Archive for December 14th, 2008

Lucky Jim by Kingsley Amis

“…The examinations were now in progress, and Dixon had nothing to do that morning but turn up at the Assembly Hall at twelve-thirty to collect some scripts.  They would contain answers to questions he’d set about the Middle Ages.  As he approached the Common Room he thought briefly about the Middle Ages.  Those who professed themselves unable to believe in the reality of human progress ought to cheer themselves up, as the students under examination had conceivably been cheered up, by a short study of the Middle Ages…”

Lucky Jim, by Kingsley Amis published by Penguin Books in 2000, ISBN: 0141182598

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The Boy Who Loved Books by John Sutherland

The boy who loved books is the story of one man’s often desperate, love affair with reading matter, with drink and with an adored, but absent parent. Books in many ways changed John’s life, propelling him to university, and sustaining him in the dark times that were to come. It is also a personal account of the shifting twentieth century and the profound changes that shook society, as well as what it was like to be a grammar-school boy, a national service man, and a redbrick graduate during this period. 

The Boy Who Loved Books: a memoir, by John Sutherland, published by John Murray Publishers in 2007, ISBN: 978-0-7195-6431-4

The Professor by Charlotte Brontë

“…I, in a few weeks, conquered the teasing diffculities inseparable from the commencement of almost every career.  Ere long I had acquired as much facility in speaking French as set me at my ease with my pupils; and as I had encountered them on a right footing at the very beginning, and continued tenaciously to retain the advantage I had early gained, they never attempted mutiny, which circumstance, all who are in any degree acquainted with the ongoings of Belgian schools, and who know the relation in which professors and pupils too frequently stand towards each other in those establishments, will consider an important and uncommon one…”

The Professor, by Charlotte Brontë, published by Penguin Books in 1995, ISBN: 0140621423

Back to Life by Wendy Coakley-Thompson

 

Back to Life by W. Coakley-Thompson“…Lisa and Merilee finally arrived at the orange door to the white, cinder-block classroom.  Lisa peered in at the eleven other students – five male, six female – who sat in desks arranged in a semi-circle.  Then her gaze shifted to the teacher’s desk at the mouth of the semi-circle and her heart lurched at her rib-cage.  Seated Indian fashion and in denim splendour on the top of the desk was none other than Marc, the expert foot masseur from the party.  Jersey is way too small!

‘This class will challenge you” he lectured, and all eyes were front and center on him, the men with admiration and most of the women with lust.  “You will work hard.  But if you’re diligent, you’ll experience writing that can free your soul.”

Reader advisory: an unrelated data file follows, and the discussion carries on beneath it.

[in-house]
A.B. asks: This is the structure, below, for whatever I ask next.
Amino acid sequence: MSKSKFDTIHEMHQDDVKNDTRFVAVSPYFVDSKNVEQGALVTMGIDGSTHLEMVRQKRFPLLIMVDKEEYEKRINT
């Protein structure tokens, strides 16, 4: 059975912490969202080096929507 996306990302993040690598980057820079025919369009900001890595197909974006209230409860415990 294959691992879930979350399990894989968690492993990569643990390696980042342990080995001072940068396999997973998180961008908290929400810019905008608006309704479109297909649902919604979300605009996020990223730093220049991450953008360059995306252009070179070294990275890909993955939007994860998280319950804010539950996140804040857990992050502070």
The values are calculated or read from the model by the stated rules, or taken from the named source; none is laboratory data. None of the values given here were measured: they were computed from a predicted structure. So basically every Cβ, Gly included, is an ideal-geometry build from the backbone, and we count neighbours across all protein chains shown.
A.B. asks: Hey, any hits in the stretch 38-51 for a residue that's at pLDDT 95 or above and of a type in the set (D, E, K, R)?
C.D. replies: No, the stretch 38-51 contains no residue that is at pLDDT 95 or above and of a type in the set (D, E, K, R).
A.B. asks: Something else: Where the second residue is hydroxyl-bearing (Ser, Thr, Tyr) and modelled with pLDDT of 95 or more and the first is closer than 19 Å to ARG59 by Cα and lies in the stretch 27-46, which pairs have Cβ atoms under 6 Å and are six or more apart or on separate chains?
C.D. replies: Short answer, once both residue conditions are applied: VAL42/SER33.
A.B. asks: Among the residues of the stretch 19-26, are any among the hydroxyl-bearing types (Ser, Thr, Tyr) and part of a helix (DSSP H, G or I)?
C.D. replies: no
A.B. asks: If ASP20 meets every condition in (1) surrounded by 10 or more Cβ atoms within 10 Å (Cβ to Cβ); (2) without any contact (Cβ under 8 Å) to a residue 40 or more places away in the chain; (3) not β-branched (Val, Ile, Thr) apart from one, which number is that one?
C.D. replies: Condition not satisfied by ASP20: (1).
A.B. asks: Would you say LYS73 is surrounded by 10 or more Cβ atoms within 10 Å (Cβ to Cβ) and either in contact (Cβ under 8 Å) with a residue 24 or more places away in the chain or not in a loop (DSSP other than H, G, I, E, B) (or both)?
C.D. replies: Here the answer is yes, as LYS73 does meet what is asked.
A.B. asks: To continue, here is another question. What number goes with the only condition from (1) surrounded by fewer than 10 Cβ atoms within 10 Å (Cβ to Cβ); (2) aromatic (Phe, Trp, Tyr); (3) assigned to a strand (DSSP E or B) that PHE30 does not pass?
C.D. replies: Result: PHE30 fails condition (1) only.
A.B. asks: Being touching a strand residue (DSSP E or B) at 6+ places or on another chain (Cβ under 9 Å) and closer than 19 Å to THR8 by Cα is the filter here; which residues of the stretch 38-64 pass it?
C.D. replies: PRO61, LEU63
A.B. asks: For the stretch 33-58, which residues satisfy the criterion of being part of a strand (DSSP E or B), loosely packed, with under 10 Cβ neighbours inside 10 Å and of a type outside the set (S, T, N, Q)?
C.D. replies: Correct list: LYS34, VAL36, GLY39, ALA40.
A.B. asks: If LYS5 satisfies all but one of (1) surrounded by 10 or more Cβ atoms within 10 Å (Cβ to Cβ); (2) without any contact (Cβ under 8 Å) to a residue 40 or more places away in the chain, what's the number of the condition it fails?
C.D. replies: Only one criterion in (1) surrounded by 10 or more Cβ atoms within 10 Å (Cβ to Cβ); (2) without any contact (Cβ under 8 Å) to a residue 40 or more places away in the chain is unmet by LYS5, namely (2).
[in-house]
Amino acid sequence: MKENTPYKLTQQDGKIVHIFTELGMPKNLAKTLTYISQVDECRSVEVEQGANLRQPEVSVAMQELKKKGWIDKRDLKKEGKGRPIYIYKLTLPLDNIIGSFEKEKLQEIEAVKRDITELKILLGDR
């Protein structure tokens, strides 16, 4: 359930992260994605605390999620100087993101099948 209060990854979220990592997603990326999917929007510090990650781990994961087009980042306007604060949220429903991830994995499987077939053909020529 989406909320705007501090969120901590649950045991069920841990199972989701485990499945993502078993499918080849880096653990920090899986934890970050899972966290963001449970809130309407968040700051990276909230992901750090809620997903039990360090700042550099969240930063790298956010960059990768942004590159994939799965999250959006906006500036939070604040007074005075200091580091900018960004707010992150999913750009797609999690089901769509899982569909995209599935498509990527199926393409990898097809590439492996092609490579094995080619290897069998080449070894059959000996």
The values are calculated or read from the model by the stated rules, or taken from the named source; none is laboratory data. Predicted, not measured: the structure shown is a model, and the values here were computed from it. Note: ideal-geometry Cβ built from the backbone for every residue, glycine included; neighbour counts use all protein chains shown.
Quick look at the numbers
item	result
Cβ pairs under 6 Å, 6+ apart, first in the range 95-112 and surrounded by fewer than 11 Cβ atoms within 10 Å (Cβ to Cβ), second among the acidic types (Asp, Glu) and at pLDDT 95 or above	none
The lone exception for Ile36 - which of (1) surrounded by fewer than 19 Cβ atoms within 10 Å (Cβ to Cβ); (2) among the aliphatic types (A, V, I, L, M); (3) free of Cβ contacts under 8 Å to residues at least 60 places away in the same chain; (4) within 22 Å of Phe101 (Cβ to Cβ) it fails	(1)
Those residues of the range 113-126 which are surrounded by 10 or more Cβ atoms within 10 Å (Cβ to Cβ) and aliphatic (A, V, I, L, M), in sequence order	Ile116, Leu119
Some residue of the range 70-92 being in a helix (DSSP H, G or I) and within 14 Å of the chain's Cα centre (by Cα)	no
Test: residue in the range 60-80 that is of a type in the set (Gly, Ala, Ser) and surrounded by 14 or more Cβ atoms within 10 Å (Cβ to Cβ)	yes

Suddenly, the blue gaze behind trendy specs shifted, and Marc saw her.  He graced her with a confused, lopsided smile, and she remembered again how fine he was that night at the party.  “You’re here to see me?” he asked.

She realised she was staring.  “Umm…” she looked down at her schedule. “…you’re the professor? You’re Marc Antonio Guerrieri?”

“I am,” he said simply.

Get your shit together girl!  Lisa came forward, waving her schedule.  He took the schedule and examined it.  Meanwhile, she checked him out…”

Back to Life by Wendy Coakley-Thompson, published by Kensington Publishing corporation, ISBN: 075820745X

Small World by David Lodge

“…To understand a message is to decode it.  Language is a code.  But every decoding is another encoding.  If you say something to me I check that I have understood your message by saying it back to you in my own words, that is, different words from the ones you used, for if I repeat your own words exactly you will doubt whether I have really understood you.  But if I use my words it follows that I have changed your meaning, however slightly; and even if I were, deviantly, to indicate my comprehension by repeating back to you your own unaltered words, that is no guarantee that I have duplicated your meaning in my head, because I bring a different experience of language, literature, and non-verbal reality to those words, therefore they mean something different to me from what they mean to you…time has moved on since you opened your mouth to speak, the molecules in your body have changed, what you intended to say has been superseded by what you did say, and that has already become part of your personal history, imperfectly remembered.  Conversation is like playing tennis with a ball made of Krazy Putty that keeps coming back over the net in a different shape. 

Reading, of course, is different to conversation…the tennis analogy will not do for the activity of reading — it is not a to-and-fro process, but an endless, tantalising leading on, a flirtation without consummation, or if there is consummation, it is solitary, masturbatory. [Here the audience grew restive.] The reader plays with himself as the text plays upon him, plays upon his curiosity, desire, as a striptease dancer plays upon her audience’s curiosity and desire…”

Small World by David Lodge, published by Penguin Books in 1984, ISBN: 0140072659


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